Some people think innovation is only about gadgets, high-tech industries, and laboratories. But this is only the tip of the iceberg! The truth is that there are many types of innovation that can have a transformational impact on everyday people’s lives.
A prime example is Sweep South, an app and social tool developed by a South African start-up that connects domestic workers with potential clients. The aim is to increase job opportunities for the less-skilled segment of the country’s population, at a fair wage. In a country like South Africa, which has very high unemployment, the app has already helped more than 3,000 unemployed or underemployed workers find meaningful, full-time employment.
Rapid technological progress has made it possible for most of South Africa’s poor to purchase mobile phones, improving their access to information, as well as connecting people to companies and enabling the internet of things—this very connectedness in the digital space has already been shown to have benefits in terms of cutting the cost of not just a job-search, but also healthcare, education, and a person’s general integration into the national economy.
Such social innovation contributes to poverty reduction by making goods and services more affordable for the poor, and by increasing the quality and outreach of public services.
If South Africa’s health outcomes have dramatically improved thanks to the availability of new drugs, tele-medicine apps have made it possible to expand the outreach of medical services to rural locations.
VulaMobile, a South African startup, is one such app, which has received international recognition for its achievements linking thousands of individuals in rural South Africa to specialized medical services in fields as diverse as ophthalmology (eyes), dermatology (skin), HIV (infection), cardiology (heart), and oncology (cancer).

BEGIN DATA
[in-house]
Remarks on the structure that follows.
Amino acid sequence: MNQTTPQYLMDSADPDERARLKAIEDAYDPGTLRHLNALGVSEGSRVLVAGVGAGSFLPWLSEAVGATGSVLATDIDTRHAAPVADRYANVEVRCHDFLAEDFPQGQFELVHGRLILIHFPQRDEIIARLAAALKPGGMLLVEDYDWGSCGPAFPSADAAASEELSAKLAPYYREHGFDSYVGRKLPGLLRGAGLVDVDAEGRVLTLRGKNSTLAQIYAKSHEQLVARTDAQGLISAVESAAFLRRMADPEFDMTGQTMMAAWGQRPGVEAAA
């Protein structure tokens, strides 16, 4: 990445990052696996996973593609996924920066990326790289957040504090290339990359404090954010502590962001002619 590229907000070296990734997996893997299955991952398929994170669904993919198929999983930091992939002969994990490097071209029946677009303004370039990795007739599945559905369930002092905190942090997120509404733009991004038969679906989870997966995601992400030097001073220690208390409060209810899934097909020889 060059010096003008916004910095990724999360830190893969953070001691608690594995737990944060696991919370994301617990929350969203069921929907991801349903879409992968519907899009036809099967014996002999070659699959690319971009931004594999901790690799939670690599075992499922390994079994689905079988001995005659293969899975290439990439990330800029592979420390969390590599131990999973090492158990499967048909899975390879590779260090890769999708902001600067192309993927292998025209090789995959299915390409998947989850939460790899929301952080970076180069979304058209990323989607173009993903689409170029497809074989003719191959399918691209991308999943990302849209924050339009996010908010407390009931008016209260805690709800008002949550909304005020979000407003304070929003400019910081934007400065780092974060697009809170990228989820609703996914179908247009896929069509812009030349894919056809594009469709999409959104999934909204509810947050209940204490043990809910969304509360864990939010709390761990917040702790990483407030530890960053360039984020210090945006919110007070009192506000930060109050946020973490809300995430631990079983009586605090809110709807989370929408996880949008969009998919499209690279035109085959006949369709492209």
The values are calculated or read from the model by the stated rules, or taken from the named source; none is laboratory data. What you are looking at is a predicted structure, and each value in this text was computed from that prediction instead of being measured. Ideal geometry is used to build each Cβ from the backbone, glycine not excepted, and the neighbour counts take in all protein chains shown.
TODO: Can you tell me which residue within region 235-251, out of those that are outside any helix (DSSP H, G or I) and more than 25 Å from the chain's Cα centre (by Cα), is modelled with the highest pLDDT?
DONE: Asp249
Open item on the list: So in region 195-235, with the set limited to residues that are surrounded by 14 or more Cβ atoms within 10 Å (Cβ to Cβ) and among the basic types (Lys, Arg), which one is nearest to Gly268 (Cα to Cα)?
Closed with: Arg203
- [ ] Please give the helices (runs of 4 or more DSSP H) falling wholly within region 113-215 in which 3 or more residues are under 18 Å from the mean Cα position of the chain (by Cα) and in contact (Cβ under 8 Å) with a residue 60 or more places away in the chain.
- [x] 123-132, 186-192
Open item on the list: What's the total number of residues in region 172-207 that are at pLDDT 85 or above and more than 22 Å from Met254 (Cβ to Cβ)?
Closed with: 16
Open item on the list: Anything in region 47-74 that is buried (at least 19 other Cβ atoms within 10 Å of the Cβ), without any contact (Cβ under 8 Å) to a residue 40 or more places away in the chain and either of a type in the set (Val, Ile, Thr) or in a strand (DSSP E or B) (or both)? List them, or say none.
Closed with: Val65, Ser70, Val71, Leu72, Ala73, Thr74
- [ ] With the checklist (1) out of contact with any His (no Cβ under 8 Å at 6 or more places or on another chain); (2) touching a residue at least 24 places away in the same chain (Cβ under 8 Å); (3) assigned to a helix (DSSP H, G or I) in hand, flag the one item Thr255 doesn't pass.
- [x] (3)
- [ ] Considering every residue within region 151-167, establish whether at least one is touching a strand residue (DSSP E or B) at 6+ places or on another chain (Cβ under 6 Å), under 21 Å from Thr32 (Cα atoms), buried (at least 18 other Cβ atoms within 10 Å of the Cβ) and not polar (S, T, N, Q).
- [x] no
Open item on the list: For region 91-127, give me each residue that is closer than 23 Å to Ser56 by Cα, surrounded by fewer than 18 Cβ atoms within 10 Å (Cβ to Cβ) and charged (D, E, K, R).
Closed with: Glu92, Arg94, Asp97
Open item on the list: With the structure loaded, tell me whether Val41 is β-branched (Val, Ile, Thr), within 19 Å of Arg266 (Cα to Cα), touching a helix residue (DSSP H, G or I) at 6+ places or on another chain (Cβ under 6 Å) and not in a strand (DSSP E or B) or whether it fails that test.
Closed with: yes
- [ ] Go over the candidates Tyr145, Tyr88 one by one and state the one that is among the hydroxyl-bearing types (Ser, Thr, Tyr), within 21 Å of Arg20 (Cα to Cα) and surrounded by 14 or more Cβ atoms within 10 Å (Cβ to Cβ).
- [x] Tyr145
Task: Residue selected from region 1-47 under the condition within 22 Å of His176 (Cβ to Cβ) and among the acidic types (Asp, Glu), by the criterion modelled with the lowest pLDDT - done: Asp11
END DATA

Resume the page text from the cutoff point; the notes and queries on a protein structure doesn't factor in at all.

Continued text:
Some automation means more jobs
South Africa has developed a good number business incubators, accelerators, and innovation programmes over the last decade, providing many people with access to previously unattainable resources, networking capabilities, and advisory services. This itself has increased the likelihood that entrepreneurs and innovators will bring new products to the market, creating jobs, promoting growth, and reducing poverty.
Contrary to common fears that innovation will increase levels of automation and lead to more redundancy for workers, our estimates show that South Africa’s research and development (R&D) efforts are likely to create more jobs than they are to lead to jobs being shed.
In the tenth volume of South Africa’s Economic Update we illustrate that innovation can be the engine of economic growth and poverty reduction. But, given its importance therefore, it is worrying to witness the generally low level of innovation by South African firms, both in absolute terms and by comparison with other emerging economies.
R&D spending, a common measure of innovation activity, is seen in only 4% of medium and large firms in South Africa and, despite high returns, only about 5% of R&D active firms reported R&D expenditure in every financial year from 2009 to 2014.
Our estimates suggest that private R&D investment is now about 40% lower than it was in 2009, contributing to a decline in productivity and stalling progress in the achievement of social goals. Operating with the same amount of economic resources—natural resources, capital, and labor—South Africa produced 6% less in 2016 than in 2007.
Low investment in R&D is common in developing countries and can often be explained by contextual factors. For example, weak human capital and weak management capabilities may result in a situation where firms are not able to identify the best technological solutions and organizational practices relevant for their business.
Restrictive labor laws and policy uncertainty reduce firms’ appetite for the risks associated with innovation. Distortions in capital and product markets can also reduce returns to R&D.
Improving the framework for R&D is an important priority for strengthening innovation capability and investment. For South Africa, this will involve action on a number of fronts, such as: improving the business environment, strengthening the framework for competition, enhancing the skills’ supply, and improving the effectiveness of public support programs and incentives.